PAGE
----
Six Traits of Writing

Six Traits of Writing

1 – Ideas and Content

The Ideas are the heart of the message, the content of the piece, the main theme, together with all the details that enrich and develop that theme. The ideas are strong when the message is clear, not garbled. The writer chooses details that are interesting, important, and informative–often the kinds of details the reader would not normally anticipate or predict. Successful writers do not tell readers things they already know; e.g., "It was a sunny day, and the sky was blue, the clouds were fluffy white …" They notice what others overlook, seek out the extraordinary, the unusual, the bits and pieces of life that others might not see.


·        Is the message focused and clear?

·        Are there important, relevant and detailed support for the idea?

·        Is the paper interesting?


2 – Organization

Organization is the internal structure of a piece of writing, the thread of central meaning, the pattern, so long as it fits the central idea. Organizational structure can be based on comparison-contrast, deductive logic, point-by-point analysis, development of a central theme, chronological history of an event, or any of a dozen other identifiable patterns. When the organization is strong, the piece begins meaningfully and creates in the writer a sense of anticipation that is, ultimately, systematically fulfilled. Events proceed logically; information is given to the reader in the right doses at the right times so that the reader never loses interest. Connections are strong, which is another way of saying that bridges from one idea to the next hold up. The piece closes with a sense of resolution, tying up loose ends, bringing things to closure, answering important questions while still leaving the reader something to think about.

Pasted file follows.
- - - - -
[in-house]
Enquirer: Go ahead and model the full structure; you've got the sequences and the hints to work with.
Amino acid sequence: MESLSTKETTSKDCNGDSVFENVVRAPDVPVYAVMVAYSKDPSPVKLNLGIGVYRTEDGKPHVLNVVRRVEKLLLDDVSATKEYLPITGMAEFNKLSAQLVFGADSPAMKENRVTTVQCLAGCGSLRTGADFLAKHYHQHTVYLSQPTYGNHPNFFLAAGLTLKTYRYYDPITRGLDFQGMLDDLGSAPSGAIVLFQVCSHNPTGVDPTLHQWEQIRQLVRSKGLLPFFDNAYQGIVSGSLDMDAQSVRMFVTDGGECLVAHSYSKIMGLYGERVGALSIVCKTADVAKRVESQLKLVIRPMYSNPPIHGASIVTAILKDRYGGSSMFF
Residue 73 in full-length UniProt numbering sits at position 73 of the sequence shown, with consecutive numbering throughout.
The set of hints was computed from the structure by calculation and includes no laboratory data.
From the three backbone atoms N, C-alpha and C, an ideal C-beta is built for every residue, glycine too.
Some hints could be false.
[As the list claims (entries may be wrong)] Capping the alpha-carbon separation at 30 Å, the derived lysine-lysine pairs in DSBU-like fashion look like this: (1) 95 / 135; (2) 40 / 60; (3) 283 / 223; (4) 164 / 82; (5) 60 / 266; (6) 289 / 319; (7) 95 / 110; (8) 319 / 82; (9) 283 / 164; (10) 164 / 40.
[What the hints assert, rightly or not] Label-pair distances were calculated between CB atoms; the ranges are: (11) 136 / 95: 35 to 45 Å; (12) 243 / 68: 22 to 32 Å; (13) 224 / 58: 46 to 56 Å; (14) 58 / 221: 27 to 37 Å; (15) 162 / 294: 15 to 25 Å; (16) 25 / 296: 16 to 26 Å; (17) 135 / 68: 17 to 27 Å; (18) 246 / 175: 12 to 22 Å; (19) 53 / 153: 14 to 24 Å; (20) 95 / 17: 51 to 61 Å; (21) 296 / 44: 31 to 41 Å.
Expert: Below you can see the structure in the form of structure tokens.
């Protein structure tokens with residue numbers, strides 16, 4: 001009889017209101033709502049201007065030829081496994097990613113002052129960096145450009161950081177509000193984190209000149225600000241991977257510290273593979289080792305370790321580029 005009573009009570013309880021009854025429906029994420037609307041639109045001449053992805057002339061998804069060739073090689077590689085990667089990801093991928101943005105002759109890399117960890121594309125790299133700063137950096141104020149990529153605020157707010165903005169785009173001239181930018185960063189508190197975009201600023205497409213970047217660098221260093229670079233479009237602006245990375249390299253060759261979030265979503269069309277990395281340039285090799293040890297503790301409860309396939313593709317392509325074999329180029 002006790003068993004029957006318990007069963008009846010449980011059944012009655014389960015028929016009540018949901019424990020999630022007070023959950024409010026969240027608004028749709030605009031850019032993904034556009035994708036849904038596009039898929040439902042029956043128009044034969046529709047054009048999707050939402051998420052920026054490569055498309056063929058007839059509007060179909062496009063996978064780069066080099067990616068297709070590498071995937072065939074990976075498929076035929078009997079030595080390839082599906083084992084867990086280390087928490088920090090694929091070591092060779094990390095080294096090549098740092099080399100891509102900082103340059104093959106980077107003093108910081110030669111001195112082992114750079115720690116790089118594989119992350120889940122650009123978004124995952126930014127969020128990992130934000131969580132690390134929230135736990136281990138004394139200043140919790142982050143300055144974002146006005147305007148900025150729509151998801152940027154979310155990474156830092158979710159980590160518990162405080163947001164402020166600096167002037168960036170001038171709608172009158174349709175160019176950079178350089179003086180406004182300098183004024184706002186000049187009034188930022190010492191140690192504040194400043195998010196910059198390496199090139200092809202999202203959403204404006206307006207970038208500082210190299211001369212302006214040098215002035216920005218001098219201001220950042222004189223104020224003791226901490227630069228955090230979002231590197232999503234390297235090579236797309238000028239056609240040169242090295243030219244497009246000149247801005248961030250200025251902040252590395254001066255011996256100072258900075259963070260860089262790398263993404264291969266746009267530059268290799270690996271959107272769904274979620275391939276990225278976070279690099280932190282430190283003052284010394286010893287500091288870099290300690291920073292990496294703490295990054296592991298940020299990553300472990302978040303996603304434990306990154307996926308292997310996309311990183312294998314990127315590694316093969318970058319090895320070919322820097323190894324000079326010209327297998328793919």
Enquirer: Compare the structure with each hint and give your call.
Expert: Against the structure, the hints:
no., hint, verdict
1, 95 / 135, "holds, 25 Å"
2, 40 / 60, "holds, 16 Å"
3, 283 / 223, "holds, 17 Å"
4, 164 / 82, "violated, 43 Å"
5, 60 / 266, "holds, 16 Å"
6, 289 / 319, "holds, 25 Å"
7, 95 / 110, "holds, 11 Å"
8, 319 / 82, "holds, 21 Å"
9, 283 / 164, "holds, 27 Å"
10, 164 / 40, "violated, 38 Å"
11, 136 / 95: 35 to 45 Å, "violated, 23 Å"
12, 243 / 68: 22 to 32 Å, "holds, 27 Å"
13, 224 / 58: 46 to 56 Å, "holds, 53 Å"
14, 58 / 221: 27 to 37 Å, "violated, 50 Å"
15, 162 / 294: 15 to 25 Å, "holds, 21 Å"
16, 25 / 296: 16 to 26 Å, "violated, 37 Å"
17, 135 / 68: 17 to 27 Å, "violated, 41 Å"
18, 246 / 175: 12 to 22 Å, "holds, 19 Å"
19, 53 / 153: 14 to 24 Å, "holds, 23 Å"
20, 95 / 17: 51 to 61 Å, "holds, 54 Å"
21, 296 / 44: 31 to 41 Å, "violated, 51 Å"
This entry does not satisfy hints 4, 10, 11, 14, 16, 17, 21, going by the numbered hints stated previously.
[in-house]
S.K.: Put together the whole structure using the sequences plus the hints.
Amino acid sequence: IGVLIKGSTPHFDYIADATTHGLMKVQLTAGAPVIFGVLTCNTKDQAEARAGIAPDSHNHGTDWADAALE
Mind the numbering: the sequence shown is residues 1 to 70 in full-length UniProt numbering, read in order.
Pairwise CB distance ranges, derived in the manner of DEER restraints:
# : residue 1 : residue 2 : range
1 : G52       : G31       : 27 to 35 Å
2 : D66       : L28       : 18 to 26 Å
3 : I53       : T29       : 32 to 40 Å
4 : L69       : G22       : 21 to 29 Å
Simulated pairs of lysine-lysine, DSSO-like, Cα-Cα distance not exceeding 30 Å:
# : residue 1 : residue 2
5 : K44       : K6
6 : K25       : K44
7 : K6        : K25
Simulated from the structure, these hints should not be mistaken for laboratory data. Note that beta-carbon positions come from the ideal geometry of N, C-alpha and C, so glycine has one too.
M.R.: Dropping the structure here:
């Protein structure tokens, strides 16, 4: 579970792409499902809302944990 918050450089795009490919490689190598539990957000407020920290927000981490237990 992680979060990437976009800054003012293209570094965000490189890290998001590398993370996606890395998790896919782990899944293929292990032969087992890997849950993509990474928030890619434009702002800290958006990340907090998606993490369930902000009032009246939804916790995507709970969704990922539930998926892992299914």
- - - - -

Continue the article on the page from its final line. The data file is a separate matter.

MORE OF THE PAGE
·        Does the paper begin properly?

·        Do the ideas link to a main message logically and in full?

·        Is there a proper sense of conclusion?


3 – Voice

The Voice is the writer coming through the words, the sense that a real person is speaking to us and cares about the message. It is the heart and soul of the writing, the magic, the wit, the feeling, the life and breath. When the writer is engaged personally with the topic, he/she imparts a personal tone and flavor to the piece that is unmistakably his/hers alone. And it is that individual something–different from the mark of all other writers–that we call voice.


·        Is the writer enthusiastic about their essay and the issues in it?

·        Do you feel as if the writer is speaking to you?

·        Does the story hold the readers’ attention?

·        Do they want to hear more?

·        Is the essay written entirely in the first person?




4 – Sentence Fluency

·        Is the story easy to read?

·        Do the sentences begin in different ways?

·        Is the writer varying the length and complexity of sentences?

·        Is the punctuation correct?


5 – Word Choice

·        Are there virtually no “be” verbs?

·        Are words being used in their correct context?

·        Do the words match the voice?

·        Do words enhance the meaning rather than take away understanding?

·        Does the writer repeat words too many times?


6 – Conventions

·        Is the name, date, class and other information presented properly?

·        Is there a title?  Is it done in the proper style?

·        Are there any punctuation mistakes?

·        Is the grammar and spelling free from error?

·        Are there capital letters in the proper places?

·        Are there any usage problems?